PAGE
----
I have caught a lot of big fish over the years; I have also lost a lot of big fish over the years.

Luck, good or bad, plays a role in both equations. So does skill or carelessness. When I really want to land a fish I make it work the rod, I pay attention to my drag, I let them run when they want, and work them every second they try to rest. Every moment a big fish is on the line the whole enterprise is at risk. At times, say, during the salmon run, when I have caught a few fish, I begin to get careless. Each fish is no longer special. I make mistakes or take chances, and fish get away.

This fish has my full attention. I’m careful not to touch my reel during this initial run. It takes one hundred yards of line in just a few seconds, and I feel my reel beginning to heat up. I put some pressure on when it pauses, but it takes off again, taking another fifty yards. I’m beginning to worry about my backing. The fish turns hard left, taking more line, and I raise my rod tip high to reduce drag against the water. Far across the water I can see my fly line bouncing on the waves.

The fish comes in reluctantly but steadily, but when it gets within fifty feet of the boat it seems to become aware of the nature of its predicament. It surges off again on another hundred-yard dash, as urgent as its first run. Once again, I nervously watch my fly line disappear toward the horizon. It gets one more decent run in after that before coming in to the boat.

When Ronnie lands the fish, I drop my rod and reach for my camera. We revive the fish a little before taking some shots. Canadian Chris asks Ronnie “Is that thing ten pounds?” and Ronnie responds “It is definitely ten pounds.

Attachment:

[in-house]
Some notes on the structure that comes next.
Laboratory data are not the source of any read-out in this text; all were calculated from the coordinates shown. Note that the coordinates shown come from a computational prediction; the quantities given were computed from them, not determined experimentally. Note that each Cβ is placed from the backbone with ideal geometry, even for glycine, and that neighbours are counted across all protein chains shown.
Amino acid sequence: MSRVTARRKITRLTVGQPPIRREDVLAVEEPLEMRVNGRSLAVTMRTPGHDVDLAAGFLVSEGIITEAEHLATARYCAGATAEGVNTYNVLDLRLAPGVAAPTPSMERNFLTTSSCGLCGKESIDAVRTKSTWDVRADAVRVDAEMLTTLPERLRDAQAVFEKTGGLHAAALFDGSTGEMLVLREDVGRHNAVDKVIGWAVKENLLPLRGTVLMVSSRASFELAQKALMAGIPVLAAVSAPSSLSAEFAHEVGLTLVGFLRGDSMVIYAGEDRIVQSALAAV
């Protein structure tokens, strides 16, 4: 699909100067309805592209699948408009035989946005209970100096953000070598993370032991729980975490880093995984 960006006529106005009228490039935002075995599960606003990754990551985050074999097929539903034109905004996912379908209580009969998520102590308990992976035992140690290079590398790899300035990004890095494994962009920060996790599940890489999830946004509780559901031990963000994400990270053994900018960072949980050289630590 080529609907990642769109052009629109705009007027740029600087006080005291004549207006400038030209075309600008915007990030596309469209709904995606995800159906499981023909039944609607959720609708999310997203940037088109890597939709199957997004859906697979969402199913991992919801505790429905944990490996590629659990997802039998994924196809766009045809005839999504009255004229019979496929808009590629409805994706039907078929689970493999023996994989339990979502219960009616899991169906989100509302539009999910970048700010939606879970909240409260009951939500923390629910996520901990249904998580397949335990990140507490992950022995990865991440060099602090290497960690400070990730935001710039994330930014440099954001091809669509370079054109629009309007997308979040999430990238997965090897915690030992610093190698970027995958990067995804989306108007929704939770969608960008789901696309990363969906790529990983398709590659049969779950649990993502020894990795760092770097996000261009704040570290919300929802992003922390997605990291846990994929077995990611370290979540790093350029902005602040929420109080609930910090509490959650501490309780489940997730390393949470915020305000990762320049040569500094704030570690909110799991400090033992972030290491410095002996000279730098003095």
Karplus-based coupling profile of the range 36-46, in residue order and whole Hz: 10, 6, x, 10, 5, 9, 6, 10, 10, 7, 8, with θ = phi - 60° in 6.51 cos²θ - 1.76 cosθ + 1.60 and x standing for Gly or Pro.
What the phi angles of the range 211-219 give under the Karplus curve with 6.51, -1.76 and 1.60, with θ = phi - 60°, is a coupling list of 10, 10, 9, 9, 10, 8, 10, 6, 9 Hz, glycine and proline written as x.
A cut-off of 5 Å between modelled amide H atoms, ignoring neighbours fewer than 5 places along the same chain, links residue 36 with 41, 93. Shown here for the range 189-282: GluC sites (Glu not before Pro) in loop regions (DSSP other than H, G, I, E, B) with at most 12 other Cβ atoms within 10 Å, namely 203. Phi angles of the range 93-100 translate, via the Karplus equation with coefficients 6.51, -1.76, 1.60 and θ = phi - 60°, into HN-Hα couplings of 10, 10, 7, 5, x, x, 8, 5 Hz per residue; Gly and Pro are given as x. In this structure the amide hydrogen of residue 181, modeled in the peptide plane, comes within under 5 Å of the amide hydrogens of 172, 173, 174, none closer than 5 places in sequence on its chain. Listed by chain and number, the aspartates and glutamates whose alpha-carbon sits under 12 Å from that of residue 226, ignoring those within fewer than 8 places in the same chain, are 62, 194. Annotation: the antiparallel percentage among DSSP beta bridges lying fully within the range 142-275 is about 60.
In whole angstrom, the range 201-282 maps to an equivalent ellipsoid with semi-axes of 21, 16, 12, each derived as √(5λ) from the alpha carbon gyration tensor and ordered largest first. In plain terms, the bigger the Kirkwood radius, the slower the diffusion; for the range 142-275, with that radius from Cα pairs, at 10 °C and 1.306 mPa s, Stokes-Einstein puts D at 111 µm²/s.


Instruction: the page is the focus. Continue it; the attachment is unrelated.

When your guide wants a picture with your fish you know it’s a good one.

James Hamilton has been talking about tarpon at the Little Creek bridge. James, along with his partner Liz Ziebarth, is the manager at Bair’s Lodge. With the schedule they keep- up before breakfast and still going at ten o’clock at night. Every day. I’m assuming they get some time off. 

James says that at night giant tarpon hang out at the Little Creek bridge and feed on shrimp and bait being swept  from open water into the creek. He says he’s jumped a couple. So on Wednesday night Canadian Chris can’t take this talk anymore, and James offers to take him to give it a try. In the course of things they invite me.

It’s late, I’m tired and just want to relax, and yet I ask myself “What would Dave Karczynski do?” The answer is obvious. Good stories are not the result of sitting comfortably at the lodge sipping rum drinks.  Good stories are the result of taking that rum drink and a couple Kaliks, climbing into the back seat of the Hilux with your camera, and going to witness whatever may ensue.

We park at the bridge next to a bar that is closed at the moment. Apparently bars on Andros are only open for a couple hours after work. As we approach the bridge we can hear fish crashing in the dark.

You cannot see tarpon at night with a light. The only way to see them is with your eyes by the pale gleam of a distant street light. By that faint illumination they light up when they feed; great silver slabs swimming deliberately on their sides so that they shine like hammered silver armor, four and five feet long. Every now and then we would get a glimpse of a great eye staring up at us from the surface of the water, accusatory, as if we were witnessing a forbidden ritual. The tarpon worked in a circle, swimming from upstream of the bridge, past the abutment, then rolling on their sides as they engulfed shrimp and baitfish, before rolling back upright and circling back upstream.

We did not catch a tarpon, though Canadian Chris got a grab, and James jumped two. Everywhere in the darkness we could hear the splashes and rolls and great sucking sounds as food got inhaled near the surface. In the darkness beyond the bridge we heard voices heated in argument, and a dog, barking insanely, came and threatened us until a man stepped out of the dwelling and called it back.

Jason writes the fine blog Fontinalis Rising

Jason Tucker

Gink & Gasoline